Friday, May 3, 2013

Cast Iron & Life



Cast iron, it is a lot like life. Treat it well and it will bring you pleasure for a lifetime, treat it poorly and it can be rancid, nasty and rusty. The fact is, you only get out what you put into it. Treated right, you only need one set for a lifetime and it can be handed down at the end of it and kept working. It can even be scrubbed back up, the old burned out, and the new seasoning applied to make it usable once more.
How many can say this about their current cookware? Most think I can buy many sets for the cost of one.
Unless you buy quality, you will buy quantity. No matter what you are buying expect quality, so you won't need excessive quantities. You may pay more initially, however, over a lifetime of the product, it pays off in not having to buy quantity. There is value in a quality build that is not readily seen at first, but as you fall in love with your item, you would not sell it or trade it for anything. Giving it away, most would rather give something less valuable.
Want to know why things that routinely cost over $1500 back then and now are offered as cheaply as $20 a set. The industry learned more sales could be easily obtained with cheaper and less quality being built directly into a product. More people would buy new yearly instead of once for a lifetime, they have built in profit margins they can depend upon.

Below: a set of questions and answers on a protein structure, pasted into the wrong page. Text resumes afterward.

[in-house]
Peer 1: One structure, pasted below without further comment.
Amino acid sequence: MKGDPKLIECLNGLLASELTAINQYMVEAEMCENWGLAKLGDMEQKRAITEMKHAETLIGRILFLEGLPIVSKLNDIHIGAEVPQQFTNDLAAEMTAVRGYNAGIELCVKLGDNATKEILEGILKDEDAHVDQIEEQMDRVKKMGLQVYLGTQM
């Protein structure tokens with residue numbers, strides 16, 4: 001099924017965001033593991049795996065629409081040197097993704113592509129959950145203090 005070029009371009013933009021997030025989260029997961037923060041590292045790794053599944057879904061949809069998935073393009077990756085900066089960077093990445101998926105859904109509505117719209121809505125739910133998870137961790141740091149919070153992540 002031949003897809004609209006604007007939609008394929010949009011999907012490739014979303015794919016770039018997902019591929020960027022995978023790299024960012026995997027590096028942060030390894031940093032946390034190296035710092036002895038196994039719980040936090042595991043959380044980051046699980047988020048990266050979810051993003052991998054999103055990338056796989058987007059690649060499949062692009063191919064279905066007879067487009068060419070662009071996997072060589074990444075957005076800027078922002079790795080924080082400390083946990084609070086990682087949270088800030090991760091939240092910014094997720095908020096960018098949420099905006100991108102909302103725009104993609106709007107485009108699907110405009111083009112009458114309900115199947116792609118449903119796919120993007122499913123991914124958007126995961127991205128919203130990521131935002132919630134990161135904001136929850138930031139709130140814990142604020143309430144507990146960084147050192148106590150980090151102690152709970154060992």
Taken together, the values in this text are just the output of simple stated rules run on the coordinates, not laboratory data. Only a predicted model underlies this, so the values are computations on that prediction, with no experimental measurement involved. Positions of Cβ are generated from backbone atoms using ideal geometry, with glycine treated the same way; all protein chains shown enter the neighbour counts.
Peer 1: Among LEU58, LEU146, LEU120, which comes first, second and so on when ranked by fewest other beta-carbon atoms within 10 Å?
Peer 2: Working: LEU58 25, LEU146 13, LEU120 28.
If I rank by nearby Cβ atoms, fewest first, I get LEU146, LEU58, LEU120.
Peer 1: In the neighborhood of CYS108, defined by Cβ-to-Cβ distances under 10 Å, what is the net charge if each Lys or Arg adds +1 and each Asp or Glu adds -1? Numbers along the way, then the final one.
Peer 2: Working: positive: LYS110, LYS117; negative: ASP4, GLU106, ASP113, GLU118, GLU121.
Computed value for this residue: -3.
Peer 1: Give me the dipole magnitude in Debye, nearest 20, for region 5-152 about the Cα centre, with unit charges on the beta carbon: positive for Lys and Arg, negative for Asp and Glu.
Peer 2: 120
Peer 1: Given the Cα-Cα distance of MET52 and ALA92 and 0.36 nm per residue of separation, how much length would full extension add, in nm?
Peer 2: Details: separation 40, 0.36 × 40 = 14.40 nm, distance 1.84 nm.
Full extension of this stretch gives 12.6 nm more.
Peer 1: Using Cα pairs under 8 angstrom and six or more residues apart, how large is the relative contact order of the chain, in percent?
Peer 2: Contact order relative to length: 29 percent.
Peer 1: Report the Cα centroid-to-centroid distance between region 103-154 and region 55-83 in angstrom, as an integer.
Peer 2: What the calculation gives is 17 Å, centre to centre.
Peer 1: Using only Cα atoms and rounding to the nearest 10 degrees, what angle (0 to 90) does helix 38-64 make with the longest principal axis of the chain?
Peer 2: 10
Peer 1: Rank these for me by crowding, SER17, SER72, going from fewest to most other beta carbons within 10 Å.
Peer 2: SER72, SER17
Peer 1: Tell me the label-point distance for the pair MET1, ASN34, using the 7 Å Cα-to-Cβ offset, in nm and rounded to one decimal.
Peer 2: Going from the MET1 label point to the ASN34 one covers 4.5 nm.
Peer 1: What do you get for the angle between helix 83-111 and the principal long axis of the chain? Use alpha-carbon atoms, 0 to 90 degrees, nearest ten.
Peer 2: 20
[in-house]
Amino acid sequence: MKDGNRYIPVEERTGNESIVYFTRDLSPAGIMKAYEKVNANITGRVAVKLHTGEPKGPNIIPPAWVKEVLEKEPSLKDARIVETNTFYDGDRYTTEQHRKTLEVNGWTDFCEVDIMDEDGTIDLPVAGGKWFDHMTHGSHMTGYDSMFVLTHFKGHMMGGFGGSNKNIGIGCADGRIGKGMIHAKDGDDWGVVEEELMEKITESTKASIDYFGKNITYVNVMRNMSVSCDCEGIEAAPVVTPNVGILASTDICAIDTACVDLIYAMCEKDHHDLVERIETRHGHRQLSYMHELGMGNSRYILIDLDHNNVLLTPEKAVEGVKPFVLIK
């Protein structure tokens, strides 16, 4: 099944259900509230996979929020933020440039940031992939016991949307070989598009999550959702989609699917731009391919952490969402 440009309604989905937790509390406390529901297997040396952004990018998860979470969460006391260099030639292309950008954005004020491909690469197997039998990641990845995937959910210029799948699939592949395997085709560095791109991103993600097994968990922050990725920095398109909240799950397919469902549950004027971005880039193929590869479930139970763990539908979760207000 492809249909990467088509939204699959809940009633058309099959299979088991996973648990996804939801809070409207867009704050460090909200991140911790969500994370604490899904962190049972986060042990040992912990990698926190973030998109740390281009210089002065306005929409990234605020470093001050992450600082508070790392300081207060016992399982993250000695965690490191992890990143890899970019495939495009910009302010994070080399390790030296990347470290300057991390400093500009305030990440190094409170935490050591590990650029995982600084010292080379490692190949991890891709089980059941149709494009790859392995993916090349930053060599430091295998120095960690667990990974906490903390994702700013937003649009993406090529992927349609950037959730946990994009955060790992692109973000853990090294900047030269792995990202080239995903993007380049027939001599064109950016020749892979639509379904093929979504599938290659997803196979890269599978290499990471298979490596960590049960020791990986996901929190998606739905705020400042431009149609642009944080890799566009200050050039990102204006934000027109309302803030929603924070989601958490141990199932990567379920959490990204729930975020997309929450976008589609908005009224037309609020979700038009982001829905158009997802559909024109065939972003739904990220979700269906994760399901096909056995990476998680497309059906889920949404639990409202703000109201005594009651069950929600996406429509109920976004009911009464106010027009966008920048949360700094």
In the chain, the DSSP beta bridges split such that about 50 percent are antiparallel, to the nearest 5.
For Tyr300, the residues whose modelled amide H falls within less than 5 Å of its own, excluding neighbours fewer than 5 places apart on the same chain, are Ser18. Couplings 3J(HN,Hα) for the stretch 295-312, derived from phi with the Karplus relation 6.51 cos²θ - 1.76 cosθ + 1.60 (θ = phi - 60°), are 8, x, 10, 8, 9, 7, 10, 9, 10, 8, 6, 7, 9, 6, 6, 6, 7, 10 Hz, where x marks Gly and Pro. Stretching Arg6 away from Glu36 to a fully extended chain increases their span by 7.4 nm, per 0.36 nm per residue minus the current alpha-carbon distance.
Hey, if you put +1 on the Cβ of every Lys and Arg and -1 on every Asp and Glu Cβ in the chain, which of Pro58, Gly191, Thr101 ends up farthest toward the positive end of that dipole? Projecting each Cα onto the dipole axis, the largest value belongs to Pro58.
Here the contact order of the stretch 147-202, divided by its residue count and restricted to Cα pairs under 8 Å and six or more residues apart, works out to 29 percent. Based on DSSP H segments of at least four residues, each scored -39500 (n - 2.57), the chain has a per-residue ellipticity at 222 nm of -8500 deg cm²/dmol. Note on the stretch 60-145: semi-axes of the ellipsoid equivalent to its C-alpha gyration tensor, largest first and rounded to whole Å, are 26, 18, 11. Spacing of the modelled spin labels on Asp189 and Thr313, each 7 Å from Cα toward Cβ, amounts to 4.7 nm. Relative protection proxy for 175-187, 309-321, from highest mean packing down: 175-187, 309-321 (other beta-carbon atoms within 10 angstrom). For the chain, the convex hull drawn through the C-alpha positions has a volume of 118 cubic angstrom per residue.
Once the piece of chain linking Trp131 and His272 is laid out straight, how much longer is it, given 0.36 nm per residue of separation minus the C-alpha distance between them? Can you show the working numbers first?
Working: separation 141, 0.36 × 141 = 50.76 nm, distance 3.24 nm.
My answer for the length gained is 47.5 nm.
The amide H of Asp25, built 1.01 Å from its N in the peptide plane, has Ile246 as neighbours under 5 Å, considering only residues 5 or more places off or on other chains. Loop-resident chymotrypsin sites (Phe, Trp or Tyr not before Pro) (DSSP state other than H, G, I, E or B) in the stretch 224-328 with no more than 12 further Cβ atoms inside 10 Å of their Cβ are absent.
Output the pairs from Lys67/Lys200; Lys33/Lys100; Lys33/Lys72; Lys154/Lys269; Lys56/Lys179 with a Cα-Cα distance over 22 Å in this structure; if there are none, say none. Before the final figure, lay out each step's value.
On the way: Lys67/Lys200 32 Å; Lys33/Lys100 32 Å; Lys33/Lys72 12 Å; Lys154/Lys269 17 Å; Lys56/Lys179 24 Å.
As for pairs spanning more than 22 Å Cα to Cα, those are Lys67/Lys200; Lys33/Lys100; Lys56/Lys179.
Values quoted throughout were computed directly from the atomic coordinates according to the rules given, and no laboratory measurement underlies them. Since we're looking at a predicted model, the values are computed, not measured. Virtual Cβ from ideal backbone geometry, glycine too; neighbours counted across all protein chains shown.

When I hear people say the older generation was not into recycling, I reply how can that be? I personally feel they truly didn't need a label for it and a movement to get them to do it. I honestly think with the quality offered to them routinely, they did not need to be thinking about it all the time.
Glass jars they bought with jellies, condiments and sauces were reused for other items, coffee cans once empty became storage containers for all sorts of items, not simply tossed in a bin. They canned and grew a lot of their food(organically because they did not have pesticides) they did not get 150 choices for cereal, there was less than 5 at the grocery store. People cooked and ate real food. Bought quality instead of quantity and lived with their furniture for a lifetime, seldom replacing them, having them reupholstered and repaired instead. Recycling did not need a label back then, it was called life.
I think one of the main reasons we were told using cast iron originally was unhealthy, is they could not sell us 10-20 sets of cookware over a life time. Now the current health conscious people are saying it is healthy and we need the extra iron released when cooking because we are iron deficient as a society and they sell us pills now to combat it.
The industry is coming back around to let us know covertly to buy quality so we can be prepared, are you doing it? Or are you simply buying the cheapest to replace later on.
Life is like cast iron, you can have a quality of life not many think to achieve, or you can have a crappy throw away life that is of little use to anyone on the planet, because you take out more than you put into it.
Choose wisely and you can have enjoyment for a lifetime, choose unwisely and you can have misery and work. Your choice. Your life. Taught simply by your choice of cookware.